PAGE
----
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Browning has case of nerves over show

Source: Vancouver Sun
Date: October 24, 2001
Author: Lyndon Little

Kurt Browning isn't going to try and hide it.

He's as jumpy as a long-tailed cat in a room full of rocking chairs.

You'd figure a man who has won four world figure skating championships and performed in countless shows for Stars On Ice would be beyond an ordinary case of the jitters. But the 35-year-old native of Caroline, Alta., is about to make that most anxiety-riddled of artistic steps: From performer to performer/creative director.

"Before this, I've always just been somebody who brought their skates and costume and showed up," admits Browning, who takes his Kurt Browning's Gotta Dance into GM Place Friday evening.

"I've never been involved in production or done a live show with my name on it. This is a first for me. I can guarantee you, I'm not taking any of this for granted. So I'm nervous. Extremely nervous. Not really about my own skating, but mostly that my guests are happy and the fans get what they expect."

In an era when skating entertainment normally consists of a show put together for an 80-city tour, Browning's adventure into production stands as something special. It's strictly a one-night-only event that has the ambitious goal of bringing together the skating, dance and music worlds into what is hopefully one coherent package.

Apparently it's economically feasible to attempt such a thing because network giant NBC is backing the project and plans to air the show on Dec. 2.

On the skating side, Browning and business partner Steve Disson have lined up talent such as Scott Hamilton, Josee Chouinard, Nicole Bobek, Steven Cousins, Brian Orser, Isabelle Brasseur and Lloyd Eisler, Renne Roca and Gorsha Sur as well as the husband and wife pairs team of Yuka Sato and Jason Dungjen.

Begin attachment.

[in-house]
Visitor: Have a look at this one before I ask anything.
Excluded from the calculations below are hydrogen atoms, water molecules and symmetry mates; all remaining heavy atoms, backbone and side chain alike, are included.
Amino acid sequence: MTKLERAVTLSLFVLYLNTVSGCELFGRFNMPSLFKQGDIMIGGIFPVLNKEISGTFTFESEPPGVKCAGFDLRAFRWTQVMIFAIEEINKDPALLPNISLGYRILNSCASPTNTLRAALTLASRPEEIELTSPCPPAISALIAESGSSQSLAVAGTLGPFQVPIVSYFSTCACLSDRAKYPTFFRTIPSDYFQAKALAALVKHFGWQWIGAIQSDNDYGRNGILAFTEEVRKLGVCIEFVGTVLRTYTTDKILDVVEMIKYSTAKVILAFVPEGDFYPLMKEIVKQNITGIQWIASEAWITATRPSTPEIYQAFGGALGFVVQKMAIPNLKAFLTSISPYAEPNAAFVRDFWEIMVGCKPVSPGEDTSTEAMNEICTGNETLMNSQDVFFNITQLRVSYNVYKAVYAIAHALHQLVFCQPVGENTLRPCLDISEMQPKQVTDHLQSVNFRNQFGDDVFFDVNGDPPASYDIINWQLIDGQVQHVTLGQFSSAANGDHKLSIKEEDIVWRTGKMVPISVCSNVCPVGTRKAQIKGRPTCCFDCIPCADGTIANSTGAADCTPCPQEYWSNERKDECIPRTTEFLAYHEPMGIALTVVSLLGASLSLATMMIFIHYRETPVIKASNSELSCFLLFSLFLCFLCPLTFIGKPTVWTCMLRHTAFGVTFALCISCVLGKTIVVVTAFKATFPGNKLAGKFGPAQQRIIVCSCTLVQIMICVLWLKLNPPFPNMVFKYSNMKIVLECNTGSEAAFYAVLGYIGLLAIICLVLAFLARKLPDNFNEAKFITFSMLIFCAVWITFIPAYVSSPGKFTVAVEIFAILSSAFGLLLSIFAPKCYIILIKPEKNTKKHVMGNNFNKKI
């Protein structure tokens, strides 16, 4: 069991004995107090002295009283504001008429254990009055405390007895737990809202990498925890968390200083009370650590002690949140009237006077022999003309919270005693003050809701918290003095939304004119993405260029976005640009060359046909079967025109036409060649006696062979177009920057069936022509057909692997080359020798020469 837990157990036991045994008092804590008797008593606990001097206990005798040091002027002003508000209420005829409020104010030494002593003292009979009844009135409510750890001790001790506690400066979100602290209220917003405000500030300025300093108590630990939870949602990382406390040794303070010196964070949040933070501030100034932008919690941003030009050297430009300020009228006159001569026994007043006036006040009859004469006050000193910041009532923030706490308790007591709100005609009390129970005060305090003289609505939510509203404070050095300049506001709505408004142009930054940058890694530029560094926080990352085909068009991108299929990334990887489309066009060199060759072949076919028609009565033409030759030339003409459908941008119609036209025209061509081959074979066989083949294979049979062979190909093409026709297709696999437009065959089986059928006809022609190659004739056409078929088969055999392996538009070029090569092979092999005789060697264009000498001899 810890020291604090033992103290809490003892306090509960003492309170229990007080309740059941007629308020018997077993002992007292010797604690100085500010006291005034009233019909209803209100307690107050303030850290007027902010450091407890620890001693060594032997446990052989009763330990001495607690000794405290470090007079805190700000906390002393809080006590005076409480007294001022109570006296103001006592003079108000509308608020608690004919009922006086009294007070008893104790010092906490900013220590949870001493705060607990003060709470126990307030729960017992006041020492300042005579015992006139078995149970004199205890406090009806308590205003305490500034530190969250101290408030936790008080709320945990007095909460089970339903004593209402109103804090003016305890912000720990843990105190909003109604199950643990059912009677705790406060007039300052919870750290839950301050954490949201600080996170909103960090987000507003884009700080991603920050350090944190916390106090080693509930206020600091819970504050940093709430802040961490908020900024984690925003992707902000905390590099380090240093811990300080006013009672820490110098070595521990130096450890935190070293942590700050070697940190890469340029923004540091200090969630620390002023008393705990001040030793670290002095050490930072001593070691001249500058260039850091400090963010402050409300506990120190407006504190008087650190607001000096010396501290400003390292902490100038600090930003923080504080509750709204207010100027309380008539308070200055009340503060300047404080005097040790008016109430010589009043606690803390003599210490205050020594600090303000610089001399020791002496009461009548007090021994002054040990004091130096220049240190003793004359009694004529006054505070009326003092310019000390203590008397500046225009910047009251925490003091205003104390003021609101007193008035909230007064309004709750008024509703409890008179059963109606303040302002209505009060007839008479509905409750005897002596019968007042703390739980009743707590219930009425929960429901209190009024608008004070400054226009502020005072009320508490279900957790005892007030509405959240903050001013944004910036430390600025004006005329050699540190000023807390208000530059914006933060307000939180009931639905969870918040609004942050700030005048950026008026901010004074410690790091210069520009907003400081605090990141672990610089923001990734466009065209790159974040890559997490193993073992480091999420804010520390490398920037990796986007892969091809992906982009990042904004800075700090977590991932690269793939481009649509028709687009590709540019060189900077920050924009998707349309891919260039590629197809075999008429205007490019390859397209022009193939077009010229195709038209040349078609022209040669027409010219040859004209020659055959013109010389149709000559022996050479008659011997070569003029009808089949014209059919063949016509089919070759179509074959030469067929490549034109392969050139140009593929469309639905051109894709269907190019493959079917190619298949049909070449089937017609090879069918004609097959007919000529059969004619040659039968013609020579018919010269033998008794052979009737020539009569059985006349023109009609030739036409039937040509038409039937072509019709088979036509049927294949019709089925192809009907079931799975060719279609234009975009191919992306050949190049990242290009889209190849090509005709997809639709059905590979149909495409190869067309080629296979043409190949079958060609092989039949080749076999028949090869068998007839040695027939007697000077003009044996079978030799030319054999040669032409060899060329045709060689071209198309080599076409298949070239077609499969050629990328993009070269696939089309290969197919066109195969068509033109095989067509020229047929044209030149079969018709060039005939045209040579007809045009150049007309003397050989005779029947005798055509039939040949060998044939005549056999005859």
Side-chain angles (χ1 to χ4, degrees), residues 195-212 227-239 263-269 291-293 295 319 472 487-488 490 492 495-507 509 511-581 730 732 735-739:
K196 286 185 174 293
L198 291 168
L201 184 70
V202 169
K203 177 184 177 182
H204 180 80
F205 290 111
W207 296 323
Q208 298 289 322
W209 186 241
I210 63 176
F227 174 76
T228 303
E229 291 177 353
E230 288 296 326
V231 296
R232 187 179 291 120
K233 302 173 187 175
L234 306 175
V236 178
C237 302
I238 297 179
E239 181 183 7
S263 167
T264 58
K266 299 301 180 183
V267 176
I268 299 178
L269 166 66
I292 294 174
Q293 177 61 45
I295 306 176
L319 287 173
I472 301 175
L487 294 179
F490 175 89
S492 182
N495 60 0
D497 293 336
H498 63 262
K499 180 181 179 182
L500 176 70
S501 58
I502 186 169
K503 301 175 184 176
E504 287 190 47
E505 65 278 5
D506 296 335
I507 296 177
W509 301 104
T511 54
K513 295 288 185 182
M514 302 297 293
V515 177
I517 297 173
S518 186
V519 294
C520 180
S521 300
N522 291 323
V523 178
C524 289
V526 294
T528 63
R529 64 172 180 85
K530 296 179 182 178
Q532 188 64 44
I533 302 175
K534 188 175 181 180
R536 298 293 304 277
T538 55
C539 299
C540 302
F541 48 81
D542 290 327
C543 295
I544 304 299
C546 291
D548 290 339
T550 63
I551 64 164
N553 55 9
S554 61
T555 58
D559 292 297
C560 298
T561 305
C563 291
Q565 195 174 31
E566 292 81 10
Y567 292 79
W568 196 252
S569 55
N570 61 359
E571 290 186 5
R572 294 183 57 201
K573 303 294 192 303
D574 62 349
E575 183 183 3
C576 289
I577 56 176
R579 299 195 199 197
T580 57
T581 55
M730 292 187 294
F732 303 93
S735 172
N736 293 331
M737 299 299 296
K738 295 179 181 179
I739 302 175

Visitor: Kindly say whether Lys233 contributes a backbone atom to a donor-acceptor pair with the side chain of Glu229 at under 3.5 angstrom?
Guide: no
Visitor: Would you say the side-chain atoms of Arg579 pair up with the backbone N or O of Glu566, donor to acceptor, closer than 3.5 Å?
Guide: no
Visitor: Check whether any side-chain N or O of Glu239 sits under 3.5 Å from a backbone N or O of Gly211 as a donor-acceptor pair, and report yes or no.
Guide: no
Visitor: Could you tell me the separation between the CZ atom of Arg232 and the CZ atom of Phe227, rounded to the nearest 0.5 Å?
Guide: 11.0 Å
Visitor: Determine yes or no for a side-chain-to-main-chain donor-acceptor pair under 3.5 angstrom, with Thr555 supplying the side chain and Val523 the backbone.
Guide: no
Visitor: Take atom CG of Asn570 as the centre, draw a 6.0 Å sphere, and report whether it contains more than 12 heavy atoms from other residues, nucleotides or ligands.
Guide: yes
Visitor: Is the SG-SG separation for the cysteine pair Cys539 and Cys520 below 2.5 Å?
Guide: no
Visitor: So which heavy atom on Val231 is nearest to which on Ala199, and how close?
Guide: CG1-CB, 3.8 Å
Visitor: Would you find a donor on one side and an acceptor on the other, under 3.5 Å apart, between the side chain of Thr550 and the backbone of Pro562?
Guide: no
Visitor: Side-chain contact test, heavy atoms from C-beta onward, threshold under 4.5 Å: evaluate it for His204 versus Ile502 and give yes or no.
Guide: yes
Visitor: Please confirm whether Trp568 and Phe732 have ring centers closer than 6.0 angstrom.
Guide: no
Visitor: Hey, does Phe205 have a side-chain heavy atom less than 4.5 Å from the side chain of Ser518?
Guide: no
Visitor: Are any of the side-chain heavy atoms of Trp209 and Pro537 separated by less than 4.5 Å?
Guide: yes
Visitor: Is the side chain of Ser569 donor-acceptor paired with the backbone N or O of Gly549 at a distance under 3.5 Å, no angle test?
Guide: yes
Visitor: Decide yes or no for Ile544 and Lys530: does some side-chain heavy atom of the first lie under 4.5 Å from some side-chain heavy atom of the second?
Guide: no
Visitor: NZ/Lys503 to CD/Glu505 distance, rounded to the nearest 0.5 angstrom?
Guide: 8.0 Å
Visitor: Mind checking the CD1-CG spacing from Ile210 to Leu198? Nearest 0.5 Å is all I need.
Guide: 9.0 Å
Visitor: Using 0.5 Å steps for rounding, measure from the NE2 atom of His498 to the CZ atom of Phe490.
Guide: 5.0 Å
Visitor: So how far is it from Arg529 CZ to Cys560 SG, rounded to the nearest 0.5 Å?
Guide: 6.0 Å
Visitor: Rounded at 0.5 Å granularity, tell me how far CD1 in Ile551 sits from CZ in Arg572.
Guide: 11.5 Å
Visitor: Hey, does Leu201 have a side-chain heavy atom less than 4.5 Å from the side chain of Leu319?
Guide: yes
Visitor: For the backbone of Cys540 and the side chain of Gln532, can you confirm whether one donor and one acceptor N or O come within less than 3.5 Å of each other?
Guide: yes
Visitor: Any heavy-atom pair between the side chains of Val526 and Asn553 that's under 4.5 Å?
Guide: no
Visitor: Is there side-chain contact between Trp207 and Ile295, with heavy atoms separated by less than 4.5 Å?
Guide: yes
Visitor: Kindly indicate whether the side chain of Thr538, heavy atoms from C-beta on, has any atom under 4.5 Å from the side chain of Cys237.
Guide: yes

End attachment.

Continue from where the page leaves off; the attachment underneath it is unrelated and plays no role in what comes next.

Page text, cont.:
Non-skating guests -- who will do their numbers on a separate stage -- include Browning's wife Sonia Rodriguez, the principal ballerina with the National Ballet, and her normal male dance partner Rex Harrington; Barenaked Ladies' singer/guitarist Ed Robertson; Tony Award winning dancer and choreographer Ann Reinking as well as singer/dancers Tommy Tune and Ben Vereen.

Browning is particularly excited about finally getting the opportunity to collaborate professionally with his wife.

"We've had a couple of previous ideas to work together that, for whatever reason, didn't happen," he explains. "Either the money didn't come through or the timing wasn't right. Then you start to realize, if we don't do something soon our careers are going to be over and we're going to be saying to each other, 'How come we never did something together?'"

Always a multi-dimensional skater (from Marlboro Man-type cowboy themes to Gene Kelly's Singing in the Rain to Humphrey Bogart's Casablanca), Browning continues to stretch himself professionally. Dance, it seems, has always held a special appeal.

"I think, without really knowing it, I was always sort of drawn to shows where there was dance involved," he says. "When we discussed the show Steve said to me: 'I know your wife's a dancer and people I've talked to who have watched you skate have noticed that dance has had a lot to do with your career.'"

Browning sees Gotta Dance as a chance for hard-core skating fans to experience some of the other side of the arts.

"We're not, by any means, going to be recreating the wheel," he cautions. "But we want to do something different. I'm trying to stretch the boundaries of figure skating a bit. If you watch figure skating it doesn't necessarily mean you watch ballet. Or that you even know anything about Broadway.

"But after watching this show, if you're a skating fan, you're going to know a bit more about those worlds."

IN SHORT -- There is a rehearsal for Friday's show booked for Riley Park Arena today between 1 and 3 p.m. that is open to the public . . . Hamilton, who has retired from regular show touring, is a late addition to the Gotta Dance cast.

Copyright 2001 Vancouver Sun